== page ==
The epidermal growth factor receptor: a link between inflammation and liver cancer
Berasain C, Perugorria MJ, Latasa MU, Castillo J, Goñi S, Santamaría M, Prieto J, Avila MA.
Division of Hepatology and Gene Therapy, CIMA-Universidad de Navarra, 31008 Pamplona, Spain.
Epidemiological studies have established that many tumours occur in association with persistent inflammation
One clear example of inflammation-related cancer is hepatocellular carcinoma (HCC). HCC slowly unfolds on a background of chronic inflammation triggered by exposure to infectious agents (hepatotropic viruses), toxic compounds (ethanol), or metabolic impairment. The molecular links that connect inflammation and cancer are not completely known, but evidence gathered over the past few years is beginning to define the precise mechanisms.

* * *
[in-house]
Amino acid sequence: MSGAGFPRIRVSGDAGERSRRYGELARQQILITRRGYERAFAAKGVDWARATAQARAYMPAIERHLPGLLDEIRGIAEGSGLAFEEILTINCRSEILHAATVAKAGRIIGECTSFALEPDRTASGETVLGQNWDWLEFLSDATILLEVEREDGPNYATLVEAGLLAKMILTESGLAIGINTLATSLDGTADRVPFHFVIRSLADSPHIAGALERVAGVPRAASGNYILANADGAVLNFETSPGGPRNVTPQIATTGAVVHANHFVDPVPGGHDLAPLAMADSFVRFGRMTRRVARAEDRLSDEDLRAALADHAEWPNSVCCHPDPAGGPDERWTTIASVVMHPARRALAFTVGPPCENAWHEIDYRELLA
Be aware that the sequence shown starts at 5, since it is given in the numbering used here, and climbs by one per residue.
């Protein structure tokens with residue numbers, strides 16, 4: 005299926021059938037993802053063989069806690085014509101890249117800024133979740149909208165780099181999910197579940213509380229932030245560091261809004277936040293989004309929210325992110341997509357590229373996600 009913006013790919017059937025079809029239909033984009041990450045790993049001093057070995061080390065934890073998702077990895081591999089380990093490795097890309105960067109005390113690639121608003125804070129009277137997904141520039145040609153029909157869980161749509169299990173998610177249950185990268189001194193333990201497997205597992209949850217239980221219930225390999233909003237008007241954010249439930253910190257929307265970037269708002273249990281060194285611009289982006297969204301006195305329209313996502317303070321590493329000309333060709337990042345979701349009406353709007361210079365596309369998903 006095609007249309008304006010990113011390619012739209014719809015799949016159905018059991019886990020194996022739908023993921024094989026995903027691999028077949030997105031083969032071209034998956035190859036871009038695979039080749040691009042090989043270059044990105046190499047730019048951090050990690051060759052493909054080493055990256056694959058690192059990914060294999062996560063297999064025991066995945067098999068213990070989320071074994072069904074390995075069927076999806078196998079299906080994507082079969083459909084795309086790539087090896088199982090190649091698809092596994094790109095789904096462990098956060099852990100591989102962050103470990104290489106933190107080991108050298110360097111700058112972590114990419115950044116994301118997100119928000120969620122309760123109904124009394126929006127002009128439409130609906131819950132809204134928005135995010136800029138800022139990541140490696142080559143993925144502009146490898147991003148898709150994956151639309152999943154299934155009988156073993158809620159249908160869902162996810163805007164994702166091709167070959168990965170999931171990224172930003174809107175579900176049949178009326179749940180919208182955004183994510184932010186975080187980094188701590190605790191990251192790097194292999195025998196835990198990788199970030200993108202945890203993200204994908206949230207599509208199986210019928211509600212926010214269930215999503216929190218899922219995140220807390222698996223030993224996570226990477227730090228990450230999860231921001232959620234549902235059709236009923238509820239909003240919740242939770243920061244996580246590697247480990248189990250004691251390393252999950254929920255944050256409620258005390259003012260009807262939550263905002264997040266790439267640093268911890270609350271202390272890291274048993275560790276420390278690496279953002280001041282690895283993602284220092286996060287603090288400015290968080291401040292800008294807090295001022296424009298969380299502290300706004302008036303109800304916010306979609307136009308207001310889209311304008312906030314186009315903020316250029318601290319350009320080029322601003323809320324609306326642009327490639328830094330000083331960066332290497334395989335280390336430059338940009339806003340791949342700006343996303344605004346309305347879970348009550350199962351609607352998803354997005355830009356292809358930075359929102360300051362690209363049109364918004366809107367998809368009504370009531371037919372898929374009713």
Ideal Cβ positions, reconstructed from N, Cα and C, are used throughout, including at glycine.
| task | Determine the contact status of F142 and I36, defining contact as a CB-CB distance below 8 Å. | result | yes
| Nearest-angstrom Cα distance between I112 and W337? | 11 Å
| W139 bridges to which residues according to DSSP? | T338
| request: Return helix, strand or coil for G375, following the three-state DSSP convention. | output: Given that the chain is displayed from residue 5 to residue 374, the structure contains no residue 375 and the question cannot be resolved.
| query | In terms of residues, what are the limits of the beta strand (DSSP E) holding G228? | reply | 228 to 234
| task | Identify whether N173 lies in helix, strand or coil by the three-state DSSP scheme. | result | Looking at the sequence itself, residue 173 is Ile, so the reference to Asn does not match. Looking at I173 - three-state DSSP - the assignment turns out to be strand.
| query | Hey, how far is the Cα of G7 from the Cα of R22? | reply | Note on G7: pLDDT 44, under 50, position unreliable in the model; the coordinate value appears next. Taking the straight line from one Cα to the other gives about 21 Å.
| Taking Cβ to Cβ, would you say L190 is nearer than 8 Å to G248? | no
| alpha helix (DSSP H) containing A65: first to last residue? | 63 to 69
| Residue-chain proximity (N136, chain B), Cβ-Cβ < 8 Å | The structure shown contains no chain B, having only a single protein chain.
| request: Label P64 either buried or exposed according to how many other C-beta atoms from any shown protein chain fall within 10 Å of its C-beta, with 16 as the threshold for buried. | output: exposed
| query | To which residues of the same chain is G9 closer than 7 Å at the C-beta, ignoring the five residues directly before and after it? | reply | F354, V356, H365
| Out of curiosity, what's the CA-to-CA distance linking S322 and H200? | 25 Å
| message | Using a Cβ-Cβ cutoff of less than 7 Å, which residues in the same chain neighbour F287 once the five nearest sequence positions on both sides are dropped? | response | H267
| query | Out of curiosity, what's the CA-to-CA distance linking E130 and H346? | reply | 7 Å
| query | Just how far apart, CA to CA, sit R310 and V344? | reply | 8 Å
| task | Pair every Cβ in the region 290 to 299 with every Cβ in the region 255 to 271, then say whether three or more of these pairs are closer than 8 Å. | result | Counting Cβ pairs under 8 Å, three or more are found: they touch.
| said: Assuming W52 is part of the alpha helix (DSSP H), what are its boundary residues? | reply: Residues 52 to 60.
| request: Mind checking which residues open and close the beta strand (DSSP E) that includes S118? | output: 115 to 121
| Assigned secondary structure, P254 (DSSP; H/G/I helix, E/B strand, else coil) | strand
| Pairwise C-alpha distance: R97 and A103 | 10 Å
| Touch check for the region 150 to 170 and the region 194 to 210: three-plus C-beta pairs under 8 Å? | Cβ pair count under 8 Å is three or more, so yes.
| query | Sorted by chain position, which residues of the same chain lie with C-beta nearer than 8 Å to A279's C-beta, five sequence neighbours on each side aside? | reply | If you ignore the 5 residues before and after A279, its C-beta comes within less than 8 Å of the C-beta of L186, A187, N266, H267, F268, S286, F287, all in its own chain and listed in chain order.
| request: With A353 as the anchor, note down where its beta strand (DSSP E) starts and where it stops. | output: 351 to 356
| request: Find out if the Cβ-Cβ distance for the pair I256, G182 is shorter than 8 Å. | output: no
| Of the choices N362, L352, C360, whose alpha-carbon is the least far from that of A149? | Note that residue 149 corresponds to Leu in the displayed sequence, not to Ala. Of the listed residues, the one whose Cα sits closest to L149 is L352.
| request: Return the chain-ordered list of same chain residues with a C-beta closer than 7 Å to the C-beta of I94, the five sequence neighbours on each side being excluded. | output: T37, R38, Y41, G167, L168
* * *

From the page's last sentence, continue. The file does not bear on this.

A central role for cytokines such as interleukin-6 (IL-6) and IL-1 (alpha and beta) in liver cancer has been established in experimental models. Besides these inflammatory mediators, mounting evidence points to the dysregulation of specific growth and survival-related pathways in HCC development.
Among them is the pathway governed by the epidermal growth factor receptor (EGFR), which can be bound and activated by a broad family of ligands. Of special relevance is the fact that the EGFR engages in extensive crosstalk with other signaling pathways, serving as a signaling hub for an increasing list of growth factors, cytokines, and inflammatory mediators. In this review, we summarize the most recent evidences supporting a role for the EGFR system in inflammation-related cell signaling, with special emphasis in liver inflammation and HCC.
The molecular dissection of the pathways connecting the inflammatory reaction and neoplasia will facilitate the development of novel and more effective antitumor strategies.
CITATION Exp Biol Med (Maywood). 2009 Jul;234(7):713-25